Ouch! The ultimate of difficult conversations and one we have had to support a lot of employers through over the years. Unlike most of our previous smelly employee* blogs, where the employee usually has a measure of control over the smell, body odour is one which many people have little or no control over.
In my experience, very few cases of body odour are as a result of someone not washing on a regular basis. In most cases it is medical / hormonal, and the person is aware and very embarrassed by their smell.
Broaching the subject of body odour with an employ requires tact, diplomacy, and sensitivity. Be aware, the line manager or business owner may not be the best person to have this conversation. Sometimes, an emotionally astute colleague may need to be given the short straw, or take the initiative.
The most tactless solution I’ve seen was a bottle of deodorant left in a brown paper bag on the employee’s desk. The best solution I have seen was gym membership being offered to all staff to allow the employee access to showers and changing facilities during the day. However, even with this approach, how do you encourage the person with the problem to make use of the facilities.
It all boils down to a conversation.
I often start difficult conversations by asking questions. In this instance, it may be:
Do you have any idea why I wanted to chat with you today? Or, “Would it surprise you to know that your colleagues are concerned about you”?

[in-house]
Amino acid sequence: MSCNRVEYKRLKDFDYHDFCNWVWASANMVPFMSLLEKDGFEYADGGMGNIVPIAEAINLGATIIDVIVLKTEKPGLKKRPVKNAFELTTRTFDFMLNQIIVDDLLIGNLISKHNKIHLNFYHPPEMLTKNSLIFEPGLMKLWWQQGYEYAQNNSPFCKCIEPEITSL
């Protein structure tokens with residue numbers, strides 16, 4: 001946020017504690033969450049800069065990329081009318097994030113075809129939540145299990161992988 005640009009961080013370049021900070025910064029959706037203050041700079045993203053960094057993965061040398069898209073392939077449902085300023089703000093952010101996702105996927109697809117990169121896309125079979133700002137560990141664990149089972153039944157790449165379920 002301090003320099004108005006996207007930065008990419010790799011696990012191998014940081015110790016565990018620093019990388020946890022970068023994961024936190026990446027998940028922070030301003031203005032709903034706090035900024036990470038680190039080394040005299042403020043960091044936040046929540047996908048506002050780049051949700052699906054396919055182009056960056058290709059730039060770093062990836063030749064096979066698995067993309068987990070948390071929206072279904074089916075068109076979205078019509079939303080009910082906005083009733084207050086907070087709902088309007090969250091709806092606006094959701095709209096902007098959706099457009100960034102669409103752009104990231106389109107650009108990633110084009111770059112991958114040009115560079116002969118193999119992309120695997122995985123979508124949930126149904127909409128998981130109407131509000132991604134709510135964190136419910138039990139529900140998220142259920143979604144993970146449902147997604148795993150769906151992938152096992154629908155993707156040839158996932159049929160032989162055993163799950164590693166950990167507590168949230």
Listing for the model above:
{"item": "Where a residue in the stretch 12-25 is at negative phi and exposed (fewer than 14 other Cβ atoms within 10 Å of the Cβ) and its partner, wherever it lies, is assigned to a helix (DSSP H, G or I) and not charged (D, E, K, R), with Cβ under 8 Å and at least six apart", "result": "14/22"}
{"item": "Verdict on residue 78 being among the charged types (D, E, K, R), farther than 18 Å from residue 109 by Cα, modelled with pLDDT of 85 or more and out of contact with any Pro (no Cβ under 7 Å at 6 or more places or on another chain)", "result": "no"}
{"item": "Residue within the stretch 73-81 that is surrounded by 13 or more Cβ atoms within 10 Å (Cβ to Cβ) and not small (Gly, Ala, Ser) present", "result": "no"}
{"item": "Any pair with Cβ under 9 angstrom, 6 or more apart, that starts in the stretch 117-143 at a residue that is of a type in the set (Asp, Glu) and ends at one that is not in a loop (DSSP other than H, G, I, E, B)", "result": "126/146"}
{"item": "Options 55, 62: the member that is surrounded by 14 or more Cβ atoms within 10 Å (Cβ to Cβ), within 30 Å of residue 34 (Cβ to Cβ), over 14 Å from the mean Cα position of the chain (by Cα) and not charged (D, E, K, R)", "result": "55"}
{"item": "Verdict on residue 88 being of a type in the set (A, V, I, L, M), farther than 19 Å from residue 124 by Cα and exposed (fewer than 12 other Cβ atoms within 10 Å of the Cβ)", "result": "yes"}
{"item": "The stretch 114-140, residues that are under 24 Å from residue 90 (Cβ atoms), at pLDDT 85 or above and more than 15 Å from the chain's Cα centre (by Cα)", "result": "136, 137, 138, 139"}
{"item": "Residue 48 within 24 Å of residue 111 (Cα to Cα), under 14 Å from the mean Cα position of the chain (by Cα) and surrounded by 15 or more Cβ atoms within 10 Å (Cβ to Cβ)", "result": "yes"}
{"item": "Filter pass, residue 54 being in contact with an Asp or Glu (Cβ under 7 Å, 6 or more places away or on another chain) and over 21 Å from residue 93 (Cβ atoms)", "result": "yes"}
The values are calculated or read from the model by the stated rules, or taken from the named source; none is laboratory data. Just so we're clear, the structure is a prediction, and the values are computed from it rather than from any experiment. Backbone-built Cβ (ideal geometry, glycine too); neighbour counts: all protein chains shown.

An alternative approach may be to tell a story. This works particularly well if the person broaching the subject has had an issue with body odour or knows someone who has.
At the end of the day, it is important to recognise that you can’t solve the problem. You need to make them aware of the concern and the fact that they need to address it.
You need to establish what you as an employer can do to assist and this could range from changing facilities to sitting the person by an opening window. But, ultimately, they may need to seek medical support, change their diet or change their behaviours. The remedy, if there is one, will be different for everyone, but as an employer you cannot allow the employee to be bullied, harassed or excluded because of their smell. You have a duty of care to protect them and their colleagues.
Your aim is to make your workplace a comfortable place to be, for everyone.
* To read the rest of our blogs on The Smelly Employee, visit www.dohr.co.uk/blog